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LESSONS LEARNED #16

By Chris Gumprich. (Originally posted August 8, 2005)

Let's recap, shall we?

When last we left the intrepid self-publisher, he had let his fears get the better of him, and decided not to call any comic stores in an attempt to generate some direct sales. He had effectively walked away from the project that he had spent three years (and lots of cash) bringing to life. He had failed because he hadn't paid attention to the most important lesson of all - the only way to fail is to give up. Deciding that the fear of rejection was too great, he quit.

However, the name of this column is "Lessons Learned," not "The Story Of How Chris Gumprich Blew Some Money, Threw Away His Dignity, And Spent The Rest Of His Life Muttering About What Could Have Been." There's no question that the failure of Evening Shift left me feeling pretty low. I had more than a few sleepless nights, wondering if I had made a mistake by following my dream.

Three years, and what did I have to show for it? A big credit card bill, and one thousand unsold copies of my big debut. I was no closer to success than I had been when I started out.

Or was I?

I had one thousand copies of my own comic. One thousand samples of my work that I could put in people's hands and say, "Here's my comic. I hope you like it." I was a hell of a lot closer to success now that I had something in my portfolio - I had surpassed a full 95% of the dreamers, the whiners, and the wannabes.

Had I been a roaring success? No, that much is obvious. But it would be foolish for me to walk away right then - I would rejoin the wannabes, crying into my beer, "I could have been a contender. I could have been somebody."

I made mistakes. What I had to do now was learn from those mistakes, to get back on the saddle, to pull myself up at the eight-count, to get my ass back in the chair and go full-out on the next project.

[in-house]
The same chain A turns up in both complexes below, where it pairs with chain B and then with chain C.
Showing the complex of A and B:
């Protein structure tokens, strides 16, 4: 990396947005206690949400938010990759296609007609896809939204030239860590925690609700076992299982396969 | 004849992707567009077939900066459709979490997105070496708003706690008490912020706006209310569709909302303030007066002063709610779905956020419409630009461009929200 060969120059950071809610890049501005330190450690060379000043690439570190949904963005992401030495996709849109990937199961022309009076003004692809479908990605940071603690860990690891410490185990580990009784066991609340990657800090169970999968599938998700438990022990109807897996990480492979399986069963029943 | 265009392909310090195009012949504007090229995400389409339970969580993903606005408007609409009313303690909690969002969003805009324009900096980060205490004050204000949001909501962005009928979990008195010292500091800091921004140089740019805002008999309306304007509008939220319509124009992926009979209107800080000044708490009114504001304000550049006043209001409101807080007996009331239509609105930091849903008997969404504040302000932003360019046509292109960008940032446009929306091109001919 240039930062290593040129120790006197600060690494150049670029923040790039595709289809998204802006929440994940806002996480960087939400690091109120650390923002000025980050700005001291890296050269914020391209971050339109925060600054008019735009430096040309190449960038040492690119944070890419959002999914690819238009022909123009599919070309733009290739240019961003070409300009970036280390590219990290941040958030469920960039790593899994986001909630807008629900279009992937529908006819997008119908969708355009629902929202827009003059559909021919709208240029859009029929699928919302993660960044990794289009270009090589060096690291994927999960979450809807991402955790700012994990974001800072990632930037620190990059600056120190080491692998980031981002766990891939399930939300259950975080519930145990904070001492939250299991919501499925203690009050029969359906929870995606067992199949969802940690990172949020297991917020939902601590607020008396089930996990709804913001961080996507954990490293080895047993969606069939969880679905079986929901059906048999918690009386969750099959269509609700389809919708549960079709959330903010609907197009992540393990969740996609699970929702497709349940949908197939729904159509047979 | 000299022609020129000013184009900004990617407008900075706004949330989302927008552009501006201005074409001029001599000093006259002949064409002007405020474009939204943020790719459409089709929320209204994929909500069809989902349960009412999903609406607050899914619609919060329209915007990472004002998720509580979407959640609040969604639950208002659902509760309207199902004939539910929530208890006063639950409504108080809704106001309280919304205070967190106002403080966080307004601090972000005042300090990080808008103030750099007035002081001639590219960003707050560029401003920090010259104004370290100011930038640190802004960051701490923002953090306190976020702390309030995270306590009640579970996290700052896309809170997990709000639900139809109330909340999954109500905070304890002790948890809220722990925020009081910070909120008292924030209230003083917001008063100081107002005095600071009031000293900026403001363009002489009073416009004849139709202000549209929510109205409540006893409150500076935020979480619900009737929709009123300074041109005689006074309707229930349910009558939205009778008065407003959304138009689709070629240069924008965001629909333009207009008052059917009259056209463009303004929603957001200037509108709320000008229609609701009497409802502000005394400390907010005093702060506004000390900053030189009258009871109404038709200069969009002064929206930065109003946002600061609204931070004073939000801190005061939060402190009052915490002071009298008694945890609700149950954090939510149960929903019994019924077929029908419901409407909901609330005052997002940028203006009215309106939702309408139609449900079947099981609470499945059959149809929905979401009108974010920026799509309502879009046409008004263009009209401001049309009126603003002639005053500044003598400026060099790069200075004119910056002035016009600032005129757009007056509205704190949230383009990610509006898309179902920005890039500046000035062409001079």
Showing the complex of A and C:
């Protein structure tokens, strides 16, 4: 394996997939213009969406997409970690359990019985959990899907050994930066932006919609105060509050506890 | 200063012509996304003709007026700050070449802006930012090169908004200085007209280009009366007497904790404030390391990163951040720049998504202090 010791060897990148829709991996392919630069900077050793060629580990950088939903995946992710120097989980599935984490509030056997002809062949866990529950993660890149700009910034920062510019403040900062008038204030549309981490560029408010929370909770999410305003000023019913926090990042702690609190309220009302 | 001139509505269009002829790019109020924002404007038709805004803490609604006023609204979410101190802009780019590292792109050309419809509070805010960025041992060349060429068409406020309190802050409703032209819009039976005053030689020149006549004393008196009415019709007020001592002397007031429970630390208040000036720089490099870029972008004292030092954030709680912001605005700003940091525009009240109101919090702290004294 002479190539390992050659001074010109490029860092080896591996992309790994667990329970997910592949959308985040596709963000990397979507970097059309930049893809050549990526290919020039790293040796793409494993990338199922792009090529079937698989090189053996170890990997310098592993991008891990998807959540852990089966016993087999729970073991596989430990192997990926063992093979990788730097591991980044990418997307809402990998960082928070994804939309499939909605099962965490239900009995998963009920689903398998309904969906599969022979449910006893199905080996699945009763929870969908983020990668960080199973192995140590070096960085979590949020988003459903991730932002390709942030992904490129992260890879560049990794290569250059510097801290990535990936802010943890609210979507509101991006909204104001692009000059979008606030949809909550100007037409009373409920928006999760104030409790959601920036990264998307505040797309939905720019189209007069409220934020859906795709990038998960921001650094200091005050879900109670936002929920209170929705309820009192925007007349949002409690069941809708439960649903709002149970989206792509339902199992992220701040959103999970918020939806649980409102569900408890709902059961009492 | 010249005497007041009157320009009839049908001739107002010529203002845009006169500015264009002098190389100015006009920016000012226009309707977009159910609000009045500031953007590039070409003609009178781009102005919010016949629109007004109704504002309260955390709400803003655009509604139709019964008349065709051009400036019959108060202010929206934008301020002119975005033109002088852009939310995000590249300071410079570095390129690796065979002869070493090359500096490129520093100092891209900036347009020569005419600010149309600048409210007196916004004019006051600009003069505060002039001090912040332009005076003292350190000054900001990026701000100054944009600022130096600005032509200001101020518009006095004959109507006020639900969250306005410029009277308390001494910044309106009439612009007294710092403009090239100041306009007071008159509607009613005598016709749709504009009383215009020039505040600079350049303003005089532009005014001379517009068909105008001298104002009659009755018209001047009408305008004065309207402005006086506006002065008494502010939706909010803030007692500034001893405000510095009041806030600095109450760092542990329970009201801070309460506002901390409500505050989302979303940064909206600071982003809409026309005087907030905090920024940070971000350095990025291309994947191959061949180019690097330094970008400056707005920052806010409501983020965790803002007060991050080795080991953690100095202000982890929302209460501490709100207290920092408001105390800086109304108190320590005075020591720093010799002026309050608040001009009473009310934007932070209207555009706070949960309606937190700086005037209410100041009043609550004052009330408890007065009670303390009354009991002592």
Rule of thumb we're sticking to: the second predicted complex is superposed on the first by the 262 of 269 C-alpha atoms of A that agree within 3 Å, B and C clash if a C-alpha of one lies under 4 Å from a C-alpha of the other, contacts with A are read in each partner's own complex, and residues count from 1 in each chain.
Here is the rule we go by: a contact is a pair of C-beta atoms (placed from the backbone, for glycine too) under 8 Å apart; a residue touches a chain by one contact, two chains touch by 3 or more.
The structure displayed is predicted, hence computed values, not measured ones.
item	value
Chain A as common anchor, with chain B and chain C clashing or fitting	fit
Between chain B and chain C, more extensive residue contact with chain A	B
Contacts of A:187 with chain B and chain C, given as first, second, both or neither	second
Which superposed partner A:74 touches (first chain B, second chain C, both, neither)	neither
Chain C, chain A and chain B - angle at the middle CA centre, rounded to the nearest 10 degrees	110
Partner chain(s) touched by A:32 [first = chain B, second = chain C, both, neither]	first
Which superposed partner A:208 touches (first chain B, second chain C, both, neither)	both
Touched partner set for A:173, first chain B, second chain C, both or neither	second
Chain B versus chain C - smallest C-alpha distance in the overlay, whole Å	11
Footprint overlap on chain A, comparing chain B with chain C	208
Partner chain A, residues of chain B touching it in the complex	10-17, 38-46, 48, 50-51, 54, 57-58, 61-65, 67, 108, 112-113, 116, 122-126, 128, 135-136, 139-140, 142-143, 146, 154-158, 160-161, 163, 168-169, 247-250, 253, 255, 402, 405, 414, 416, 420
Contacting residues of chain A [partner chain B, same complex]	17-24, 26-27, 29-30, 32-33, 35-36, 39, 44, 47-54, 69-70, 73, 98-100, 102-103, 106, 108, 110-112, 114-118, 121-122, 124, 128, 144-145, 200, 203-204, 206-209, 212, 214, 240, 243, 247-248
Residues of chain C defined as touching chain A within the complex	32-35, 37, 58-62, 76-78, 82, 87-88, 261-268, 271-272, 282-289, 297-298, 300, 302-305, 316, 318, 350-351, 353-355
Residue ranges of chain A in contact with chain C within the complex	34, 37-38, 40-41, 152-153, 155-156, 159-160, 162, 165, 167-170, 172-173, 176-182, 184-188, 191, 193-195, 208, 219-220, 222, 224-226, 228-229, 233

And now that I've finished with the pep talk, it's time to get back to work. I had to figure out where I went wrong with Evening Shift, and try to avoid making the same mistakes on the next project.

The first thing I did wrong, in my opinion, was to rush into full-size. I had the money, yes, but it's pretty clear that I wasn't ready. When I started work on the comic, I had all of one mini-comic under my belt - not nearly enough to have worked out all the kinks. The solution was simple - go back to minis until I felt I was ready to attempt another full-sized comic.

Fortunately, I had already made the arrangements. Several months earlier, I made a deal with an artist regarding a script that I had written around the same time as Recriminations - a hard-boiled detective satire titled Ace Fedora: Private Eye. The artist had been working away while I was putting Evening Shift through production, and now he had completed the eight pages.

The second mistake I had made with Shift was to be too lenient with some major flaws in the artwork. Now, in the case of Fedora, I went through the finished pages with an editor's eye. A couple of small corrections, but nothing serious - the pages were more than satisfactory.

You'll remember, back in the second column, I spoke of the troubles that I had with printing Recriminations - producing the comic at a loss because of poor planning and poorer communication (ie. I didn't listen). How could I avoid having a similar problem this time?

Easy - I print it myself.

The failure of Evening Shift behind me, it was time to push forward on Ace Fedora, this time with eyes wide open. I knew what lay ahead, and I would be prepared.

The lessons had been learned, it was time to put them into action.

Chris Gumprich writes comics and other stuff. His self-publishing credits include the full-sized EVENING SHIFT (released 2004) and two mini-comics, RECRIMINATIONS and ACE FEDORA, with a new mini scheduled for release later this year. A new column appears every Monday at the Isotope Virtual Lounge.